Greg matches more people from this line at MyHeritage, GEDmatch and FamilyTreeDNA, and thankfully, those vendors all three provide segment information AND shared match information.

Cousins Are Critical

While Greg, unfortunately, does not match me, he does match several of my cousins whose tests I manage.

Two of those cousins both descend from Darcus Johnson through her daughter Jenny Dobkins, through her daughter Elizabeth Campbell, through her daughter Rutha Dodson, through her sons John Y. Estes and Lazarus Estes, respectively.

Another descends through Jenny Dobkins son, William Newton Campbell for another 5 generations. These individuals all match on a 17 cM segment of Chromosome 20.

Other known cousins match Greg on different chromosomes.

Looking at their shared matches at FamilyTreeDNA, we find more Dobkins, Dodson and Campbell cousins, some that were previously unknown to me. One of those cousins also descends through William Newton Campbell’s daughter for another 4 generations and matches on the same segment of chromosome 20.

DNAPainter

Emails have been flying back and forth between me and Greg, each one with some piece of information that one of us has found that we want to be sure the other has too. Having research buddies is wonderful!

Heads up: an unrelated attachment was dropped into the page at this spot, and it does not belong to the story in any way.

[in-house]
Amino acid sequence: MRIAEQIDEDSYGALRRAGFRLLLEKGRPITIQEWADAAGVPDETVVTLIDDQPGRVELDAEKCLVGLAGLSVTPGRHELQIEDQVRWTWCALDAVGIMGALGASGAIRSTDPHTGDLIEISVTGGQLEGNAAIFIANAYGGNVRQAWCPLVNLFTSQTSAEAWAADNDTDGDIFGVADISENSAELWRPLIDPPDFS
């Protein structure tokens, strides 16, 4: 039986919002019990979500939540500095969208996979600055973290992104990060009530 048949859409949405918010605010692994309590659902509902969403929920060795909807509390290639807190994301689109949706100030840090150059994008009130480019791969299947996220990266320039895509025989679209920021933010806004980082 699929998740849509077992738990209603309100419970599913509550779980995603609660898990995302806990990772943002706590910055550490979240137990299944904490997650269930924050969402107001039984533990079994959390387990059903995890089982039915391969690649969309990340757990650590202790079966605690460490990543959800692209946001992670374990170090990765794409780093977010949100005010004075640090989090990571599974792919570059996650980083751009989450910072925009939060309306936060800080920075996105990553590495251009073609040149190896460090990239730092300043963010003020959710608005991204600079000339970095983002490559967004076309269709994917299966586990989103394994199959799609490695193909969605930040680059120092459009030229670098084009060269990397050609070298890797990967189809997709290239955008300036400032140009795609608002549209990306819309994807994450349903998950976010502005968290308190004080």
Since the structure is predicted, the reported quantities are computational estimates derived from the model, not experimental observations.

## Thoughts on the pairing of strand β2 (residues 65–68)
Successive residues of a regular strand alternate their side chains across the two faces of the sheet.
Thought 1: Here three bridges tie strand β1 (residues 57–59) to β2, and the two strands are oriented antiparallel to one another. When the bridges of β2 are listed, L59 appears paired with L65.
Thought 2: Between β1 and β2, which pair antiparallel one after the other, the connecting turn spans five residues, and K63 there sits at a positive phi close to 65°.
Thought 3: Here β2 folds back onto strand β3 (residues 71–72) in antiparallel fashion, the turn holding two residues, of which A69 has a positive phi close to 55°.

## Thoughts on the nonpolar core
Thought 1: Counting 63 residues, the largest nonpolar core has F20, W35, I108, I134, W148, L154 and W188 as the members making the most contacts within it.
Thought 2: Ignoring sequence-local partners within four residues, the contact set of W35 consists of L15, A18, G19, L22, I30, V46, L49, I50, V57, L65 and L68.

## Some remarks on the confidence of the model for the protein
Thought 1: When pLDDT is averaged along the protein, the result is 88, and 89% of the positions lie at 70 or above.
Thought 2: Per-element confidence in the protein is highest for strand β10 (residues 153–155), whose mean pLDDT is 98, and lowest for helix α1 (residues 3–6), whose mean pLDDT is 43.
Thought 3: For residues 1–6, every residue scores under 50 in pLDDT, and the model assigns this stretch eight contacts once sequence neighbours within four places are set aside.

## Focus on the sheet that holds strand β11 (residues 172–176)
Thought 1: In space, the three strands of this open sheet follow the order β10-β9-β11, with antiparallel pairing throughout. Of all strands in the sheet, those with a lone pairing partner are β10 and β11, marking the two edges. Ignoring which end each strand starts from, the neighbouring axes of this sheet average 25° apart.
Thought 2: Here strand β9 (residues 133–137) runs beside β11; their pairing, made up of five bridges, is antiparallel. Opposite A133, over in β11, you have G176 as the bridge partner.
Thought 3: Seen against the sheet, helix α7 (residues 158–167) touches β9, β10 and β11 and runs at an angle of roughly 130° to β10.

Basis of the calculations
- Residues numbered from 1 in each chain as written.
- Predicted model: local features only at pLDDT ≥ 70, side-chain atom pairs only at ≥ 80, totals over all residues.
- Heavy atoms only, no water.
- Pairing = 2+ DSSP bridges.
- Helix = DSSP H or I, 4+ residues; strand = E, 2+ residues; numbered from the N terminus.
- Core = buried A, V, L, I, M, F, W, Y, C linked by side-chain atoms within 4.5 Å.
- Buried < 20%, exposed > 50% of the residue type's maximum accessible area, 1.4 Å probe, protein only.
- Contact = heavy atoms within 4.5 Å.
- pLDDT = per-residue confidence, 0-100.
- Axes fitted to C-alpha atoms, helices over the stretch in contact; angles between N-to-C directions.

Then, Greg sent a screenshot of a portion of his chromosome 20 from DNAPainter that includes the DNA of the cousins mentioned above. I didn’t realize Greg was using DNAPainter. It’s an understatement to say I’m thrilled because DNAPainter does the cross-vendor triangulation work automatically for you.

Just look at all of those matches that carry this Johnson/Phillips segment of chromosome 20. Holy chimloda.

Greg also sent his DNAPainter sharing link, and it turns out that this is only a partial list, with one of my cousins highlighted, dead center in the list of Peter Johnson’s and Mary Polly Phillip’s descendants. Greg has even more not shown.

Trying Not to Jump to Conclusions

I’m trying so hard NOT to jump to conclusions, but this is just SOOOO EXCITING!

Little doubt remains that indeed, Peter Johnson and Mary Polly Phillips are the parents of Dorcas Johnson who married Jacob Dobkins and also of Margaret Johnson who married Evan Dobkins. I’ve eliminated the possibility of other common ancestors, as much as possible, and verified that the descent is through multiple children. This particular segment on chromosome 20 reaches across multiple children’s lines.

I say little doubt remains, because some doubt does remain. It’s possible that perhaps Dorcas and her sister weren’t actually daughters of Peter Johnson, but maybe children of his brother? Peter was reported to have a brother James, a sheriff in Cumberland County, PA. but again, we lack proof. If Dorcas is Peter Johnson’s niece, her descendants would still be expected to match some of the descendants of Peter and his wife.